Historically Chivery was part of the manor of Aston Clinton. It was created at the end of the 12th century when William de Clinton created the manor of Aston Chiverey provided a dowry for his daughter Alice who married Reginald de Mohun. On his death in 1213 Alice married Robert de Beauchamp. From 1250 until around 1380 the manor was held by the Audley family until through marriage it passed to John Rose, an esquire of Richard II of England. By 1410 in Henry IV's reign it had passed to the Crown before being recovered by John Rose's descendant Thomas St Clair. Thomas' lands were divided on his death in 1483 and his daughter Eleanor inherited the manor of Aston Chiverey and through marriage the land became part of the estates of John Gage. His grandson Sir John Gage sold the manor to Margaret Pole, 8th Countess of Salisbury in 1534, whereon it became recombined with the manor of Aston Clinton once more. The Countess was executed on Henry VIII's orders in 1451 and all her lands were forfeit and split up. Ownership of the manor resided with William Batchelor until 1555 when the properties passed in his will to his brother-in-law Thomas Gewat. However, by 1582 the fields were being farmed by Silvester and John Baldwin and the woodlands by another John Gage.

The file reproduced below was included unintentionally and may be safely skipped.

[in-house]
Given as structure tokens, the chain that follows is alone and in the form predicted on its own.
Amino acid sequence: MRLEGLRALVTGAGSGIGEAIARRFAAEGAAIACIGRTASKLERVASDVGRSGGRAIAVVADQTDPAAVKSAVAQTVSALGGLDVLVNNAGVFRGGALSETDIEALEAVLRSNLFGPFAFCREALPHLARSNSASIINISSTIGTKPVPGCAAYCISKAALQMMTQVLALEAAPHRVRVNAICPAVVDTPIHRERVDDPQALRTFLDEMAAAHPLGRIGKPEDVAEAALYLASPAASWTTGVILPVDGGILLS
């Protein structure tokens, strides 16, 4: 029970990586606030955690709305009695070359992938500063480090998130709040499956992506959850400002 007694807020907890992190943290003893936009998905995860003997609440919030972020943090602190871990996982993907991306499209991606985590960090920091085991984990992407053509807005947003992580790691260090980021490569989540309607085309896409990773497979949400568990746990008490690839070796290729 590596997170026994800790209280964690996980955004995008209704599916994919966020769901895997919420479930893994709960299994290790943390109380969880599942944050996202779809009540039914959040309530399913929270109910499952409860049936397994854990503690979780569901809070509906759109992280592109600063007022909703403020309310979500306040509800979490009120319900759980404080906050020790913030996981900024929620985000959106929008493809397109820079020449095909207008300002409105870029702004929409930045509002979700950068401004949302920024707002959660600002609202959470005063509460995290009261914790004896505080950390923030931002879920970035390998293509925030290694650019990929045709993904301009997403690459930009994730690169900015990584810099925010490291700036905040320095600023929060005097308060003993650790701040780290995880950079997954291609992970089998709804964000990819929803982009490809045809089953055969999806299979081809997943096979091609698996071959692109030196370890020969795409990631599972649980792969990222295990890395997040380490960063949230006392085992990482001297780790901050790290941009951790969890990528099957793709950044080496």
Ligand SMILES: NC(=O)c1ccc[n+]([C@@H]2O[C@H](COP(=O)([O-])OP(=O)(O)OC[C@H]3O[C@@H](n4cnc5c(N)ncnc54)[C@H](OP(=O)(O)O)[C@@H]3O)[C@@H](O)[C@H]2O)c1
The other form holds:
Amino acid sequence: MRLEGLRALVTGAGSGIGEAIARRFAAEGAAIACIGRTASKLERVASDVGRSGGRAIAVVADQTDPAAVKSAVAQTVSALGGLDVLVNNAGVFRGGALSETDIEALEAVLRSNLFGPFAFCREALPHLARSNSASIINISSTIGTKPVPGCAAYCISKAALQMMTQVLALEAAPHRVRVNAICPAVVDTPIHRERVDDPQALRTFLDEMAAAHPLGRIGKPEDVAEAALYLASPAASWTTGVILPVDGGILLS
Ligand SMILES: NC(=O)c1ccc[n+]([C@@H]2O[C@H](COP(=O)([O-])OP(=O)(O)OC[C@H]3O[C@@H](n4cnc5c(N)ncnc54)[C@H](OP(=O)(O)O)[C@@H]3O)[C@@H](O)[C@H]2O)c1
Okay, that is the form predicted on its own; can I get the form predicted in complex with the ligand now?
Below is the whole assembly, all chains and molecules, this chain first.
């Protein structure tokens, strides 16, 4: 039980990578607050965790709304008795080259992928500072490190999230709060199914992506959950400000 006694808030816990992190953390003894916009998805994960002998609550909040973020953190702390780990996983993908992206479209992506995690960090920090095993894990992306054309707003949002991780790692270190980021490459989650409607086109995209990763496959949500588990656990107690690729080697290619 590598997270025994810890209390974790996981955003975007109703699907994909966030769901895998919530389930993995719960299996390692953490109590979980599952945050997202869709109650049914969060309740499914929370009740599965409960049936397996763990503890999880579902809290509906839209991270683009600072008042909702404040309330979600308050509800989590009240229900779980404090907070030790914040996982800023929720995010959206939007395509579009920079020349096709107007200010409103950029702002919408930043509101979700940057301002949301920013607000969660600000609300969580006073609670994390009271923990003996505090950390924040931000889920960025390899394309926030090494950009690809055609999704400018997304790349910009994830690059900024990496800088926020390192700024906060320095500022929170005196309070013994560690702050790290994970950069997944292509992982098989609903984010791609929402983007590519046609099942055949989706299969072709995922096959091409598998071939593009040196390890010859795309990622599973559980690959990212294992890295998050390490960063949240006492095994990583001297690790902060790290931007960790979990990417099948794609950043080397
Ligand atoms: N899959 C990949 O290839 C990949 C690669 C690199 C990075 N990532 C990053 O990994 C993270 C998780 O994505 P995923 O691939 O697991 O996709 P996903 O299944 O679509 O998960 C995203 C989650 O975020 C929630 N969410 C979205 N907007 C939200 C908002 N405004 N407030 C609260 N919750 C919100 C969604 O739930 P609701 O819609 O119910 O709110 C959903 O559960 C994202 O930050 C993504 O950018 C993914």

By this time also the manor had become part of the St Leonards parish, which had split from Aston Clinton. During the 19th century Chivery became part of a new parish of Aston Clinton St Leonards. In 1934 Chivery was hived off from St Leonards which was combined with other parishes to become Cholesbury-cum-St Leonards parish within Amersham Rural District while Chivery became part of Aston Clinton parish, also in Aylesbury Rural District.
From 1776 Chivery had a pub, The Plough which survived into the 20th century becoming a restaurant before finally closing in the 1930s.
- Hay, David and Joan (1971). Hilltop Villages of the Chilterns. England: Phillimore & Co Ltd. ISBN 0-85033-505-1.